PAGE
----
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Human evolution: taxonomy and paleobiology

Published online by Cambridge University Press:  01 July 2000

BERNARD WOOD
Affiliation:
Department of Anthropology, George Washington University, and Human Origins Program, National Museum for Natural History, Smithsonian Institution, Washington, DC, USA
BRIAN G. RICHMOND
Affiliation:
Department of Anthropology, George Washington University, and Human Origins Program, National Museum for Natural History, Smithsonian Institution, Washington, DC, USA
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Abstract

This review begins by setting out the context and the scope of human evolution. Several classes of evidence, morphological, molecular, and genetic, support a particularly close relationship between modern humans and the species within the genus Pan, the chimpanzee. Thus human evolution is the study of the lineage, or clade, comprising species more closely related to modern humans than to chimpanzees. Its stem species is the so-called ‘common hominin ancestor’, and its only extant member is Homo sapiens. This clade contains all the species more closely-related to modern humans than to any other living primate. Until recently, these species were all subsumed into a family, Hominidae, but this group is now more usually recognised as a tribe, the Hominini. The rest of the review sets out the formal nomenclature, history of discovery, and information about the characteristic morphology, and its behavioural implications, of the species presently included in the human clade. The taxa are considered within their assigned genera, beginning with the most primitive and finishing with Homo. Within genera, species are presented in order of geological age. The entries conclude with a list of the more important items of fossil evidence, and a summary of relevant taxonomic issues.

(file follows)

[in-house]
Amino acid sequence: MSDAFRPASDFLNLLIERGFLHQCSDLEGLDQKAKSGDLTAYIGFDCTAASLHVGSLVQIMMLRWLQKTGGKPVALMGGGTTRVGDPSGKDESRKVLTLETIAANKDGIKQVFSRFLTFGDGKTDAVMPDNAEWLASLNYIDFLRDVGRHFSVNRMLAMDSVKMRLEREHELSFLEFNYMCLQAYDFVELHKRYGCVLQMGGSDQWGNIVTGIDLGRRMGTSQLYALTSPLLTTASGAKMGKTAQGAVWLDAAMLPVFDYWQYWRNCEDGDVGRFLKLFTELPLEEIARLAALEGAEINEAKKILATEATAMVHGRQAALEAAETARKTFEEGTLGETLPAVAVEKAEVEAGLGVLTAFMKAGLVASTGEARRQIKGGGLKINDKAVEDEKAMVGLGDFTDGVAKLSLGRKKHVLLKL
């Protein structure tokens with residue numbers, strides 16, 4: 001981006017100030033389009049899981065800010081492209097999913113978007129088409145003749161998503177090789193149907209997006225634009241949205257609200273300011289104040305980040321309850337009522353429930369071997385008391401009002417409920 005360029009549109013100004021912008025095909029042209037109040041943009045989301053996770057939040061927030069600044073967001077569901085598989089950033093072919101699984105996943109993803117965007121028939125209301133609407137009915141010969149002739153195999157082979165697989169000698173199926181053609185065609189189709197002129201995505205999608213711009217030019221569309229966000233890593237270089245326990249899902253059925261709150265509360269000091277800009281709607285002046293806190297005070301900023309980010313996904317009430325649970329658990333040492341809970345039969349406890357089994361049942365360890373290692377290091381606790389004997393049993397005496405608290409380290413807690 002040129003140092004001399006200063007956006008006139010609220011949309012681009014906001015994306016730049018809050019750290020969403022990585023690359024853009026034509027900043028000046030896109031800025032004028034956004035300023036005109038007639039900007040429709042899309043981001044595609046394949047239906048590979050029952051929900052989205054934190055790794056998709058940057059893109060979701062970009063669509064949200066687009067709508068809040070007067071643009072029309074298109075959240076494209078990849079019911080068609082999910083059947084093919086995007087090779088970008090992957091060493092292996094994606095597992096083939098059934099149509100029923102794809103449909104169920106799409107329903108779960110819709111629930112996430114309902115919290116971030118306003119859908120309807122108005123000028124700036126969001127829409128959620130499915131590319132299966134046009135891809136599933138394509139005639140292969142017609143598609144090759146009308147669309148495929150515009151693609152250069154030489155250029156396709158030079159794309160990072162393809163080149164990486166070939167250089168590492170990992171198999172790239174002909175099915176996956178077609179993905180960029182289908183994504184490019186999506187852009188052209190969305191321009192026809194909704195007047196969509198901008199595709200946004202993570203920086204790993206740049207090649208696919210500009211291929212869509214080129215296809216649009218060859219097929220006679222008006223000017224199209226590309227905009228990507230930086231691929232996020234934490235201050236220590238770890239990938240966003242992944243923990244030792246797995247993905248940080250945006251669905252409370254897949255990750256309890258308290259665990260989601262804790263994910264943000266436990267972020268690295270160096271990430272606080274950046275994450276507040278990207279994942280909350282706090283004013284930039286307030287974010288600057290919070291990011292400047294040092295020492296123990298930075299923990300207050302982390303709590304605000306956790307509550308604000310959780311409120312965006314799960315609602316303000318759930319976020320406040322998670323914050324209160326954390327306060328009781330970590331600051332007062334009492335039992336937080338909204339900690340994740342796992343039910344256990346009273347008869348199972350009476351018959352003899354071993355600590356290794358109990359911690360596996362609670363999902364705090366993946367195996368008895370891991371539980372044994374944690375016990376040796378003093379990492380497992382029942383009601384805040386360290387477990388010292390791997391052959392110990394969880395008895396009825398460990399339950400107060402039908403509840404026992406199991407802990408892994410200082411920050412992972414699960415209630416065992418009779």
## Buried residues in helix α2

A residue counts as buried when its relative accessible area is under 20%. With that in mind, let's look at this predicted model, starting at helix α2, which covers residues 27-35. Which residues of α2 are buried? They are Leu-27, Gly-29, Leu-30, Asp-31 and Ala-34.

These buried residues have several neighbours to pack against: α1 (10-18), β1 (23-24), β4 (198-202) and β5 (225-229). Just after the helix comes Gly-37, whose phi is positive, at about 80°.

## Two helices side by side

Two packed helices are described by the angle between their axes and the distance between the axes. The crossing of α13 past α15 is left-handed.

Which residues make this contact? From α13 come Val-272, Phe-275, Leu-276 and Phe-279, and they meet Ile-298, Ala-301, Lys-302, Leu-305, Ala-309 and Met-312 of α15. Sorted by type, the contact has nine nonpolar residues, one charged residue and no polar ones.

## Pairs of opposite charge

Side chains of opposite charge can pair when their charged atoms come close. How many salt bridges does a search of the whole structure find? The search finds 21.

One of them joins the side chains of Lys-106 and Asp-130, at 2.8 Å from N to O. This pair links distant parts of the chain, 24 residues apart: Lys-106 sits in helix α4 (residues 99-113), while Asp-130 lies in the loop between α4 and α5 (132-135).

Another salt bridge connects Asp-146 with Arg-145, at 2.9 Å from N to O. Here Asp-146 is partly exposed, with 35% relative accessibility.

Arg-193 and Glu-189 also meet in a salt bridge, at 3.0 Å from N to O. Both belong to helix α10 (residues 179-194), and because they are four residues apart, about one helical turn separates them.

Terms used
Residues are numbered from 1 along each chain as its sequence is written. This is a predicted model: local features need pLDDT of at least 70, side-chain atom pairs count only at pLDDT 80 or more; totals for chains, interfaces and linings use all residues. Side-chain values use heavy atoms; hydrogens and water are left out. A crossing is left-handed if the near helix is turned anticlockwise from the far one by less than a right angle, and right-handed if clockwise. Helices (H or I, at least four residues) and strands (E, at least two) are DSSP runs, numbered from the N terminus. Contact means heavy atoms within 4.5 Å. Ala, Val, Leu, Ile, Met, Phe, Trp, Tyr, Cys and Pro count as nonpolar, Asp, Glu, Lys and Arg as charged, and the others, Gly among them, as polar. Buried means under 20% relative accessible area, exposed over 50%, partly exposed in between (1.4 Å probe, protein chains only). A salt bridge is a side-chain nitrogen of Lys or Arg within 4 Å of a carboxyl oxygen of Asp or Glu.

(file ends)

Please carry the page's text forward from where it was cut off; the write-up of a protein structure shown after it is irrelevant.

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Review
Copyright
© Anatomical Society of Great Britain and Ireland 2000

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